Samuel Schneider

Anita Draper
Catholic Herald staff

Deacon Samuel Schneider will be embarking on a long and winding journey when he is ordained June 4, Pentecost Sunday.

That’s because the Rhinelander native will divide his service between the Diocese of Superior and the Archdiocese for the Military Services. After gaining three years of pastoral experience in the diocese, he will spend between three and 30 years as a military chaplain before resuming his service in the Diocese of Superior.

In a mid-May phone conversation, Deacon Schneider said he was studying for finals, putting the final touches on a major presentation and preparing to complete his Masters of Divinity at St. Paul Seminary, at the University of St. Thomas, St. Paul, Minnesota.

For a man of action, seminary has been both “a joy and a cross at times.”

“It’s a great environment of brotherhood, of learning, of formation, and building each other up, but it can also be a place that’s removed from what we’re studying for,” he explained. “There were times in the classroom where we get to study God and theology, which is beautiful, but I don’t enjoy sitting in a class per se, so that’s sometimes a cross.”

Deacon Schneider is the son of David and Paula Schneider, who currently live outside of Rhinelander. He has three siblings: Donald, Will and Mary.

Members of Nativity of our Lord, Rhinelander, the Schneiders “were faithful attendees of the 7:30 a.m. Mass.” The deacon attended Nativity Catholic School through eighth grade; his mother also teaches at the school, and his father is a hydraulic mechanic.

Military service runs deep in the family. Deacon Schneider’s older brothers both served in the Navy – the second oldest, Will, still does – as have his cousins, and he was set to follow that path when he accepted an appointment to the U.S. Naval Academy in Annapolis, Maryland.

As the deacon explains in his vocation story, his path took an unforeseeable turn. Attending daily Mass led him to the discernment of a deeper vocation – a pairing of his military service with the priesthood, a calling to pastor those men who serve God and country in the armed forces.


One of the most inspirational stories Deacon Schneider has encountered is that of Fr. Vincent Capodanno, a Navy chaplain who died shielding a medic during the Vietnam War.

“I hope in some ways to minister in the areas that need me the most,” he said, adding that the place where he is most needed “is not necessarily in a church.”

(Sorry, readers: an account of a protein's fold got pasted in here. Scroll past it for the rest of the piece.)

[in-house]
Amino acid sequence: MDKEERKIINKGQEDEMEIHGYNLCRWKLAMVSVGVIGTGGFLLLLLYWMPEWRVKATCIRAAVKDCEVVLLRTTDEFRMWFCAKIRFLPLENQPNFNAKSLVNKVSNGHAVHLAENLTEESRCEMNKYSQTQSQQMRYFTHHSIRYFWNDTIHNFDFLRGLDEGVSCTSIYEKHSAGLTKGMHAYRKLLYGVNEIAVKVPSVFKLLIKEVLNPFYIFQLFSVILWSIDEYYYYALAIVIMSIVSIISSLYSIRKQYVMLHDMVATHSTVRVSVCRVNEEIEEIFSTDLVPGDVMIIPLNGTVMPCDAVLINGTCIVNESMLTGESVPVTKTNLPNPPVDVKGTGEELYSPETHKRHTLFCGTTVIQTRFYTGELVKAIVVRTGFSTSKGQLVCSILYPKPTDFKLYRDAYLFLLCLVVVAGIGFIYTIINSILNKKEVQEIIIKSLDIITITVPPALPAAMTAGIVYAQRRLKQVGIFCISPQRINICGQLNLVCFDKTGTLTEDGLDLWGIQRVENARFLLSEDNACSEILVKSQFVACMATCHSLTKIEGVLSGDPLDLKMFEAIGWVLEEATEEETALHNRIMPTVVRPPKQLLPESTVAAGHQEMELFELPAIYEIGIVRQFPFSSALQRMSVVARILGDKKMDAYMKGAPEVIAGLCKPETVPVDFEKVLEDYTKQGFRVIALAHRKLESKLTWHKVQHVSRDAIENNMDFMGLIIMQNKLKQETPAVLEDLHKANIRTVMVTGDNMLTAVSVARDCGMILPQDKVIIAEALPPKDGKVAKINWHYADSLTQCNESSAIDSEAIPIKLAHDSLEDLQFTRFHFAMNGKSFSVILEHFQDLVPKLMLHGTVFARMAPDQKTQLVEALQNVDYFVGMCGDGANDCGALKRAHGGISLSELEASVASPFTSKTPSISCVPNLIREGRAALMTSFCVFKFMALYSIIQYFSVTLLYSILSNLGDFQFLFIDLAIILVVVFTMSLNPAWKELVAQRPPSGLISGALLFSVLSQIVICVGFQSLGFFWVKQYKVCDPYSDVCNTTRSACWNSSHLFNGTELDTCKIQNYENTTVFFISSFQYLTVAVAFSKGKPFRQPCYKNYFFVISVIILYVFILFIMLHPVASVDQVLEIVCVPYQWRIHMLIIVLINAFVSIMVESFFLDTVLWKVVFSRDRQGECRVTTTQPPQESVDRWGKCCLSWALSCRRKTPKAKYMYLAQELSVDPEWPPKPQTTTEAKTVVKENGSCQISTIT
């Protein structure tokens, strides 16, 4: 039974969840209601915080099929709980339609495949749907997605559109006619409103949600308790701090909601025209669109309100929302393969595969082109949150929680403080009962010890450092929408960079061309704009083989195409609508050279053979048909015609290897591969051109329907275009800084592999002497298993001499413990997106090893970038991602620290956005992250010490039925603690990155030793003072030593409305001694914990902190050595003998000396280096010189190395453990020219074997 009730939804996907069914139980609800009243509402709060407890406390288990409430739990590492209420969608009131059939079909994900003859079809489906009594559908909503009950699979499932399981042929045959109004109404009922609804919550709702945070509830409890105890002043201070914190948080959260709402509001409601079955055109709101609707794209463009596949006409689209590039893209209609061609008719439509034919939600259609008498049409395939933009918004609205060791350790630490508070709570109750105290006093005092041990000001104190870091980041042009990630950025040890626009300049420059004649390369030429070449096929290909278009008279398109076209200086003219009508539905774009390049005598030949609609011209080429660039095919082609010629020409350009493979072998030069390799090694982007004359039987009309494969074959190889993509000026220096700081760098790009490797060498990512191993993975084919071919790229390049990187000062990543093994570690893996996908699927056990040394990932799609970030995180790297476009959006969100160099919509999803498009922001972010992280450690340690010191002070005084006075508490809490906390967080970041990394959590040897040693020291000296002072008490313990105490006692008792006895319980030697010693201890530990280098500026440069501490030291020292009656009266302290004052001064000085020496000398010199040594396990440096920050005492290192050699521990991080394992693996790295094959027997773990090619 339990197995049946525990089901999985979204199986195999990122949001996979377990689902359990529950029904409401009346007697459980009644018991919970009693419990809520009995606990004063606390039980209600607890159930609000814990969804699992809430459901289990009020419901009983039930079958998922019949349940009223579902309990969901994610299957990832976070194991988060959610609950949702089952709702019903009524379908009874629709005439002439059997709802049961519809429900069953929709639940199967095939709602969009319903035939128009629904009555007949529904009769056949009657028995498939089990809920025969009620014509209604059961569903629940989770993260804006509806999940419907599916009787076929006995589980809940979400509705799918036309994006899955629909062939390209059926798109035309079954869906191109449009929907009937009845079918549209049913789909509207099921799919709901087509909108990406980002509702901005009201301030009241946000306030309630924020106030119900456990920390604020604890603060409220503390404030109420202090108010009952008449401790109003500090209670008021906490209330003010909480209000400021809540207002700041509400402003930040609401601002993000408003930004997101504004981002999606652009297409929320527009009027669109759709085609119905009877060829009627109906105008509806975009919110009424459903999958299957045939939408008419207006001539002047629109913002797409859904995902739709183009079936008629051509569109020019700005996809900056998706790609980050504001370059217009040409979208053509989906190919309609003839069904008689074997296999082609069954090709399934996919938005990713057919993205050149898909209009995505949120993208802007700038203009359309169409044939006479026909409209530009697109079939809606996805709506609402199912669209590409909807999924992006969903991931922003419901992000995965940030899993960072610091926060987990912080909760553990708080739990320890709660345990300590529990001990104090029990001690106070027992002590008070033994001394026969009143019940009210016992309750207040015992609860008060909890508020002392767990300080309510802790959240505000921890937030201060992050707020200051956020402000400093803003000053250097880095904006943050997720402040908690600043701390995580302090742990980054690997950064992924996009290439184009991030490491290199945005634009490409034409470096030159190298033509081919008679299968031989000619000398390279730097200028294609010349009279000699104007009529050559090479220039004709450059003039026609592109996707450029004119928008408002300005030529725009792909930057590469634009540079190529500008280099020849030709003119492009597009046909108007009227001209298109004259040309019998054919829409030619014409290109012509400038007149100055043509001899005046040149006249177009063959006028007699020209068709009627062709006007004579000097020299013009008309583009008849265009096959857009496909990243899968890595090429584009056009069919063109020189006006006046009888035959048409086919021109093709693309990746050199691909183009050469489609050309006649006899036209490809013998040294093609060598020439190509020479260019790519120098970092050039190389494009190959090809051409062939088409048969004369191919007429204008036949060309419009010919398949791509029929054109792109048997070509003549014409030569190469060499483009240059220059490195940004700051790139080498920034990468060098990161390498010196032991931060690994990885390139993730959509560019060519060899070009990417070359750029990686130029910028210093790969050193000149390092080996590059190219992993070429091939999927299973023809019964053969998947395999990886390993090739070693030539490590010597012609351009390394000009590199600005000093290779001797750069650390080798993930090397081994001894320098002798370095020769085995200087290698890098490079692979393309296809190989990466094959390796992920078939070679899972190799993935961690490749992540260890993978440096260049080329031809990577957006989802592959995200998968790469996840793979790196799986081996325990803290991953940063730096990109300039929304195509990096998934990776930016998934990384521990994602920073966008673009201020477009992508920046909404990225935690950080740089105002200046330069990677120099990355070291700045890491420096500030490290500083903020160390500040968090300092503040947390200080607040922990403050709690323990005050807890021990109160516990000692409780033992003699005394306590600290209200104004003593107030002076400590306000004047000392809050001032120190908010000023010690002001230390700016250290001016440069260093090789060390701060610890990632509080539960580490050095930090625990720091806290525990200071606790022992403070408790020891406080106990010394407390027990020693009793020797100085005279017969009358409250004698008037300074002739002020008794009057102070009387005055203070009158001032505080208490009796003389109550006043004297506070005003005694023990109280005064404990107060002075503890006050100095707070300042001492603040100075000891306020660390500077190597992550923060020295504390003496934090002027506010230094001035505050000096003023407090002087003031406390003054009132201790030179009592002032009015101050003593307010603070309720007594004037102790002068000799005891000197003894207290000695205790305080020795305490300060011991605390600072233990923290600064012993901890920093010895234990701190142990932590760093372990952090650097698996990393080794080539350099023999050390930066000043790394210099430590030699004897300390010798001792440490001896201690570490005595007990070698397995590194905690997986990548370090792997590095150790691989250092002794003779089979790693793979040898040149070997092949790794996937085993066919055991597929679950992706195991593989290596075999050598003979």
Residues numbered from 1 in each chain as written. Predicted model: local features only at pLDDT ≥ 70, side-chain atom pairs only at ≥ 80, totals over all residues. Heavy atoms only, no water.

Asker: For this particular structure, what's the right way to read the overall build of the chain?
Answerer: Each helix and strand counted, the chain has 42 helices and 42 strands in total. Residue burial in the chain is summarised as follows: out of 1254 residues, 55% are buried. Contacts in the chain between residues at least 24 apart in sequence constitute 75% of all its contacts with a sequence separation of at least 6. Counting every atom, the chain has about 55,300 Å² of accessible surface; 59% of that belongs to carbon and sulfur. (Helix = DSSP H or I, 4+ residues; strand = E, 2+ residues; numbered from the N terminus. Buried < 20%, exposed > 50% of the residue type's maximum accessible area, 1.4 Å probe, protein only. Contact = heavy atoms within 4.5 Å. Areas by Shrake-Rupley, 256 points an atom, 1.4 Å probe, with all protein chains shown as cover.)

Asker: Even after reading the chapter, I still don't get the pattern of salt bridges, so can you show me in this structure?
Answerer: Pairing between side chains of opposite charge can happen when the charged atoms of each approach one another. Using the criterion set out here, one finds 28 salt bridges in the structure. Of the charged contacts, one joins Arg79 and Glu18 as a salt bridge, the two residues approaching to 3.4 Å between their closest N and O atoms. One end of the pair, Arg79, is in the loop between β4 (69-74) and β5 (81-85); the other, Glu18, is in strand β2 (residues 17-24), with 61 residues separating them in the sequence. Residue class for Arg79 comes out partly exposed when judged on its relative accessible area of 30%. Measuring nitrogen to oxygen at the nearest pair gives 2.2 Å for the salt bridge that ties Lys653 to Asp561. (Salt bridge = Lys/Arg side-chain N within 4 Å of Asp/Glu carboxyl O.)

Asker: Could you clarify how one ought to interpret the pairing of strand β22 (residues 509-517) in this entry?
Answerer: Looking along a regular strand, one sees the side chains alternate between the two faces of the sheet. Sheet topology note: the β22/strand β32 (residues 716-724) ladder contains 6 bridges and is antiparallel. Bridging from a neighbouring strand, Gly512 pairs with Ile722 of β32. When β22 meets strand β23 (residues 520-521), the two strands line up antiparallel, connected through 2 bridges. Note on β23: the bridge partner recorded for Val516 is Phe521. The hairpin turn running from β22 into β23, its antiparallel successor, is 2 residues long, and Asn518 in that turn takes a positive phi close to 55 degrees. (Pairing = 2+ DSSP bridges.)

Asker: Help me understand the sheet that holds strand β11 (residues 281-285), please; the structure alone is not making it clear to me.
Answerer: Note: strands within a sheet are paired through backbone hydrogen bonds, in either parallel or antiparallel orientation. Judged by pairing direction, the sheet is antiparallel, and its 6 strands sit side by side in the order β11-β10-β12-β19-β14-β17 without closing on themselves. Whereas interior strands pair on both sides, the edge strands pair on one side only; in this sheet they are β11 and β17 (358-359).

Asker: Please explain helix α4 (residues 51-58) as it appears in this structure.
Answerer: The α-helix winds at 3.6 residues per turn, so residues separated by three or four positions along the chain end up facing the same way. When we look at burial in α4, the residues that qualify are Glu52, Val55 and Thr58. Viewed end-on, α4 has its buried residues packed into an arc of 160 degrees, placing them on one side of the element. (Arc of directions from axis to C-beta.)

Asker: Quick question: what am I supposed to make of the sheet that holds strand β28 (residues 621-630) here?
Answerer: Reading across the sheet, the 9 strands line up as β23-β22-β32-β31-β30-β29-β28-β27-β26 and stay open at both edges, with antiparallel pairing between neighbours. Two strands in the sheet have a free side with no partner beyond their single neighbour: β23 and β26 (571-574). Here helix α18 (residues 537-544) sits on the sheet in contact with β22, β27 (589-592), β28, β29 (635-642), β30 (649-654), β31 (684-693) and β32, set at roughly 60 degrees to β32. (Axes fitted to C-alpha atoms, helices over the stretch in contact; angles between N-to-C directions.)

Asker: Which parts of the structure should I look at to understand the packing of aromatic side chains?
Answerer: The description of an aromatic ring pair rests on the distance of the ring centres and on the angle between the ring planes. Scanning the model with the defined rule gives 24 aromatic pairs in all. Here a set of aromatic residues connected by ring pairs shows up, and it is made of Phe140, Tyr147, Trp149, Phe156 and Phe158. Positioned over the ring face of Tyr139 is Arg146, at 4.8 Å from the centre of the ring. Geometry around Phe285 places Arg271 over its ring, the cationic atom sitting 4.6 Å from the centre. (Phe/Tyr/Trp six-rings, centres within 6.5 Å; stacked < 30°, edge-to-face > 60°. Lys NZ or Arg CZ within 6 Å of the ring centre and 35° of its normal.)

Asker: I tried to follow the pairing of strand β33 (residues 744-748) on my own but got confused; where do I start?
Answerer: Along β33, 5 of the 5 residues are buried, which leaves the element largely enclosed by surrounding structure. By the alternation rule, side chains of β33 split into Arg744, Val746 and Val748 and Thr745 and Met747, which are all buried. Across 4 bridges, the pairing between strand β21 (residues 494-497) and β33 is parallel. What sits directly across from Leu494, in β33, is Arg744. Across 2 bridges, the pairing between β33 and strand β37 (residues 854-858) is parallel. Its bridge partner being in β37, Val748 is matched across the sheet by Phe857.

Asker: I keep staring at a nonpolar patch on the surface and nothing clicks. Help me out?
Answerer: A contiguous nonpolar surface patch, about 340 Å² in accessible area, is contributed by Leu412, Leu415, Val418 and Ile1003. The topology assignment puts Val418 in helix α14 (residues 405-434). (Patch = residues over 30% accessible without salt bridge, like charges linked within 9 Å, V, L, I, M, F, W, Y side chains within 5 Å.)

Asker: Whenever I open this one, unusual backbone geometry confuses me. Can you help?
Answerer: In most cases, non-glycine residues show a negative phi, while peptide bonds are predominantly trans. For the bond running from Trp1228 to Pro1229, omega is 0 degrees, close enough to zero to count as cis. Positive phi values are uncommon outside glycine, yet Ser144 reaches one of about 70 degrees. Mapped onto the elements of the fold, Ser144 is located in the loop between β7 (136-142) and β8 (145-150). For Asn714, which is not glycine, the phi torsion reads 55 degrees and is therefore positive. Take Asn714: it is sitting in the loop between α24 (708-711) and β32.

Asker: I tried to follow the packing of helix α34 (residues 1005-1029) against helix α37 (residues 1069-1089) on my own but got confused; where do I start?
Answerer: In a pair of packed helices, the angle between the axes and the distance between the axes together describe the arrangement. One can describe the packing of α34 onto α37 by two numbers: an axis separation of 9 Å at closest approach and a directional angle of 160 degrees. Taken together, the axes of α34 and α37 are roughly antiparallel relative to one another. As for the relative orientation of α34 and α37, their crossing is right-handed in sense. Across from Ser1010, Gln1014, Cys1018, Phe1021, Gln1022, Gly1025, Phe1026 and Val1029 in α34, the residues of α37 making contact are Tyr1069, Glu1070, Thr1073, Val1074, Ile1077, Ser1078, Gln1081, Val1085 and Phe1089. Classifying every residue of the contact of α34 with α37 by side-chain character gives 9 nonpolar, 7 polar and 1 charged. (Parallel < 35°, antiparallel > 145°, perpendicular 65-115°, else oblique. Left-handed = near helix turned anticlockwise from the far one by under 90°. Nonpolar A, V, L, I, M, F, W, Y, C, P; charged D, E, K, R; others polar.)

Conflict doesn’t scare the deacon so much as motivate him “to want to be with those men and women who are in harm’s way,” he continued. “If I can bring some comfort to them … bring God to them … that’s what I want to do.”

Having served in the Navy, Deacon Schneider already has the sense of duty that drives military personnel. He does not fret about the state of international affairs.

“I’m not exactly a worrywart or anything, so I’m not worrying too much,” he said. “We’re all going to die some day, and if I die in the military and in conflict, that’s the day God wills.”
The deacon’s other inspirations include St. Damien of Molokai, a Belgian priest who ministered to lepers in Hawaii.

“I got to learn about him at different times, but I actually read a book about him,” Deacon Schneider said. “He’s a man of action – a man who loves and goes where is needed, no matter what the consequences and effects on him are.”

St. Ignatius of Loyola, “kind of the soldier saint,” is another of Deacon Schneider’s favorites, as is St. George, another soldier-saint who “is kind of a patron of mine.” The deacon’s birthday is also St. George’s feast day.

Above all, Deacon Schneider’s passion is Christ.

“That motivates me to do whatever He would tell me, in this case, it’s pursuing the priesthood, as well as the military, to make Him known to others,” he said. “I want others to know who Christ is, and not just because I want them to come to church, because I want what is best for them … to know their Creator, to know their Father … to know who redeems them in this life.”

Looking forward

Two sacraments, Reconciliation and the Eucharist, have been integral in his travels toward “a deeper understanding of Christ,” and the deacon is most eager to share those gifts with others as he undertakes the duties of priesthood. He’s also eager to be a mentor and father to parishioners, to help people live out Christ’s plan for their lives.

In his free time, Deacon Schneider enjoys recreational activities, especially single track mountain biking. He likes sailing, although he doesn’t often have the opportunity, and he’s looking forward to a camping trip with a few friends the week after his ordination.

As he prepares to take vows and begin his priestly ministry, Deacon Schneider has one request.
“Pray for me,” he said. “Pray for all priests. We sometimes assume that the priest is perfect or they’ve got it all figured out … but priests need our prayers. As we know, they’re as human as everybody else.”